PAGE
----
Wonder Boys, Paperback
3 out of 5 (5 ratings)


A deft parody of the American fame factory and a piercing portrait of young and old desire, WONDER BOYS is a modern classic from the Pulitzer Prize-winning author of THE ADVENTURES OF KAVALIER & CLAY.

Grady Tripp is an over-sexed, pot-bellied, pot-smoking, ageing wunderkind of a novelist now teaching creative writing at a Pittsburgh college while working on his 2,000-page masterpiece, WONDER BOYS.

When his rumbustious editor and friend, Terry Crabtree, arrives in town, a chaotic weekend follows - involving a tuba, a dead dog, Marilyn Monroe's ermine-lined jacket and a squashed boa constrictor.

A novel of elegant imagination, bold humour and undeniable warmth, WONDER BOYS firmly established Michael Chabon as a force to be reckoned with in American fiction.




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Showing 1 - 5 of 5 reviews.

Review by

"The Wonder Boys" is supposed to be the Great American Novel; I speak of course of the book within the book that lies at the heart of this work.I read this having first seen the film - a mistake, on every occasion, because the characters didn't fit the description. I also prefer the way the film ties up loose ends left dragging in the original - I prefer the short black guy reconciling his differences with the narrator, and I prefer that the whole Jewish dinner is discarded. One dead animal is enough - too is just carelessness.

Review by

Picaresque and outrageous, a wonderful read. The film left out nearly all the best bits.

Review by

I can say without exaggeration that Michael Chabon is one of the greatest writers alive today. He is a Pulitzer Prize winner, a man who has made the restoration of genre fiction's reputation his personal quest, and one of my personal heroes. "The Amazing Adventures of Kavalier and Clay" is one of the defining literary masterpieces of this decade.We all start somewhere, though, and "Wonder Boys," the tale of one weekend in the life of a washed-up creative writing professor named Grady Tripp, is only Chabon's second novel. This early in his career, he had clearly mastered the art of the good sentence, and of the good paragraph. The average page in "Wonder Boys" is an aesthetic pleasure, marked by a wonderful balance of dry wit and genuine emotional passion. Example:<i>I saw that Sara, alone in a frail canoe, was drifiting nearer and nearer to the roaring misty cataract of motherhood, and that she now believed I was right behind her, in the stern, madly paddling. I searched for my feelings, an activity never far removed from looking for a dead rat in a spidery crawlspace under the house. I was appalled to see, after five years' exposure to the unstable isotopes of my love, how many of her hopes Sara Gaskell still entrusted to me; how much of her faith there remained for me to shatter.</i>What he had not yet mastered was the art of stringing these gemstones into a larger story, particularly a story worthy of them. "Wonder Boys" is a meandering, inconsistent voyage through a strange weekend in Grady Tripp's life, a story not quite sure of what it wants to be. Kerouac is mentioned as an explicit influence, and the forced zaniness of the weekend echoes Hunter S. Thompson. But Chabon is too maudlin a writer for these madcap adventures to feel real; he is at his best when describing Grady's collapsing life, his realisations that he is a failure, his desperate attempt to find a way out of the hole he has dug for himself. He is at his worst when throwing tubas, boa constrictors, and dead dogs into the mix in an attempt to inject some crazy adventure into a book that simply doesn't need it.Oh, by the way, Mike. WE GET IT. YOU ARE A JEWISH JEW WHO PRACTICES JUDAISM. MOVE ON.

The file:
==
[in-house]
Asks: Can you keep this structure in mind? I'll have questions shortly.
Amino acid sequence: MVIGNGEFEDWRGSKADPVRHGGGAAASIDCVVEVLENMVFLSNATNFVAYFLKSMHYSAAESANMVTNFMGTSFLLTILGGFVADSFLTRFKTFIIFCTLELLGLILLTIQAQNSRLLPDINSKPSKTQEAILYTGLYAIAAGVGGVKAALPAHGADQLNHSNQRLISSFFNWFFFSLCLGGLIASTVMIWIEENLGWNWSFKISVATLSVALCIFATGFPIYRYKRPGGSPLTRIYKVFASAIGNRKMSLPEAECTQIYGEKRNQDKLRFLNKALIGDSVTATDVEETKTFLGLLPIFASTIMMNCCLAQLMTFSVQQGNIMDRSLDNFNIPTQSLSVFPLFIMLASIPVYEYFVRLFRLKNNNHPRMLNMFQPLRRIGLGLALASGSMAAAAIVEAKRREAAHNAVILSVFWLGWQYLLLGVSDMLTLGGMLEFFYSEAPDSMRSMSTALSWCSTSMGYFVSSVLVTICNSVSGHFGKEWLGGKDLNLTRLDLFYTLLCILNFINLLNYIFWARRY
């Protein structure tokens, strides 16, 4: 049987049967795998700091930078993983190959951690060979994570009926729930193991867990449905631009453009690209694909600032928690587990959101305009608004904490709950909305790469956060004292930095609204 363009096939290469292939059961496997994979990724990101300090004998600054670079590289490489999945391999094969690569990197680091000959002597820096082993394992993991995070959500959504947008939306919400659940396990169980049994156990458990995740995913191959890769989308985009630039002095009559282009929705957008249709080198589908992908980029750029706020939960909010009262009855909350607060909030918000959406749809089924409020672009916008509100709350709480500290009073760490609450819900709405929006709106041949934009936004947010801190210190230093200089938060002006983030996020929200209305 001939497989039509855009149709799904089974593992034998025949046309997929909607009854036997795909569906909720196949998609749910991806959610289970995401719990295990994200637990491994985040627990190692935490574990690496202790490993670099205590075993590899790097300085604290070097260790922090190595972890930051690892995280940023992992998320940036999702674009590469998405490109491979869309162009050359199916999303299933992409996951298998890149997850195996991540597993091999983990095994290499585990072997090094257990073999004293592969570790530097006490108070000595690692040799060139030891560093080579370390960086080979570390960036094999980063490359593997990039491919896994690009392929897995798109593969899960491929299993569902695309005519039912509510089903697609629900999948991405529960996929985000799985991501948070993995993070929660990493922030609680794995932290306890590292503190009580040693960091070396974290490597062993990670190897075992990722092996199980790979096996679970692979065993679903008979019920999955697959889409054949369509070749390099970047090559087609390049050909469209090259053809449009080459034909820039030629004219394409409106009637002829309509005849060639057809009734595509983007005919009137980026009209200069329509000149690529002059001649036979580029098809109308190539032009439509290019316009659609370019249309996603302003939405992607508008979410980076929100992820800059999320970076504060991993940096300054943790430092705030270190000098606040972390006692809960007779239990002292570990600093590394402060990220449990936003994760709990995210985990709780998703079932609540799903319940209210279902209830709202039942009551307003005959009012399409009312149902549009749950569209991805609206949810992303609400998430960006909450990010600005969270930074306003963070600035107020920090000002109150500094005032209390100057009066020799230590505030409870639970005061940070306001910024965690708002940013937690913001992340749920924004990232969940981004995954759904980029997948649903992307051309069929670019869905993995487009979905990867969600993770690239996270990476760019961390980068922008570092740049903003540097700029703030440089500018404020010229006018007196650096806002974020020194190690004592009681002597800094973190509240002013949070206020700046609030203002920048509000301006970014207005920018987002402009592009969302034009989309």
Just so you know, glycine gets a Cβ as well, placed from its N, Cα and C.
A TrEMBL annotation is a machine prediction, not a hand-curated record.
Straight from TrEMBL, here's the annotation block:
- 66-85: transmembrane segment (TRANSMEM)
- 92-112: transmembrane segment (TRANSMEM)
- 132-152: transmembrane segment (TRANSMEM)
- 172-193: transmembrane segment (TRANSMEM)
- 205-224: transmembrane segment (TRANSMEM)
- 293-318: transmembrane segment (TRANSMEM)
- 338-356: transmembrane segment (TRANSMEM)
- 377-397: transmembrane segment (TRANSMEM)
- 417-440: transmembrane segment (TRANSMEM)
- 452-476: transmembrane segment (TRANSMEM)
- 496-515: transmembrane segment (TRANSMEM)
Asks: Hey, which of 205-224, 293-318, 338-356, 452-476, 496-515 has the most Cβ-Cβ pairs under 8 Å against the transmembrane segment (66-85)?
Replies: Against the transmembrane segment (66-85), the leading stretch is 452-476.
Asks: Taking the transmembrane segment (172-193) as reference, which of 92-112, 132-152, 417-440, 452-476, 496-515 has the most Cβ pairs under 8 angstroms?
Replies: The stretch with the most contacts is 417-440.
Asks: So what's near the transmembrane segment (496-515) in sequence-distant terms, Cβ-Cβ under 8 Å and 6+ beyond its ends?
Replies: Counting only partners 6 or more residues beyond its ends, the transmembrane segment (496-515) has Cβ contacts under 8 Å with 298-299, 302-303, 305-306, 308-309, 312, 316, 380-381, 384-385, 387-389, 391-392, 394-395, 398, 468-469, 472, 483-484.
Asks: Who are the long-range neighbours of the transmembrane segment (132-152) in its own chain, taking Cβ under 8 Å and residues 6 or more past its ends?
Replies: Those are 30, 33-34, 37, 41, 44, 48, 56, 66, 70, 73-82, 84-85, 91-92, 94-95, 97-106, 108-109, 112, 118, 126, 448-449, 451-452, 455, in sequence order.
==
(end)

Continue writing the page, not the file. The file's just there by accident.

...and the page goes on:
Review by

A campus novel that turns into a road trip culminating in a Passover dinner, Chabon crafts a neat tale full of interesting characters. Sadly, the best ones are those we only meet briefly - the feckles stoner protagonist, who is for some reason irresistible to women, is nowehere near as interesting as his wife's parents and siblings.

Review by

Good writing as usual, just not as gripping as his later stuff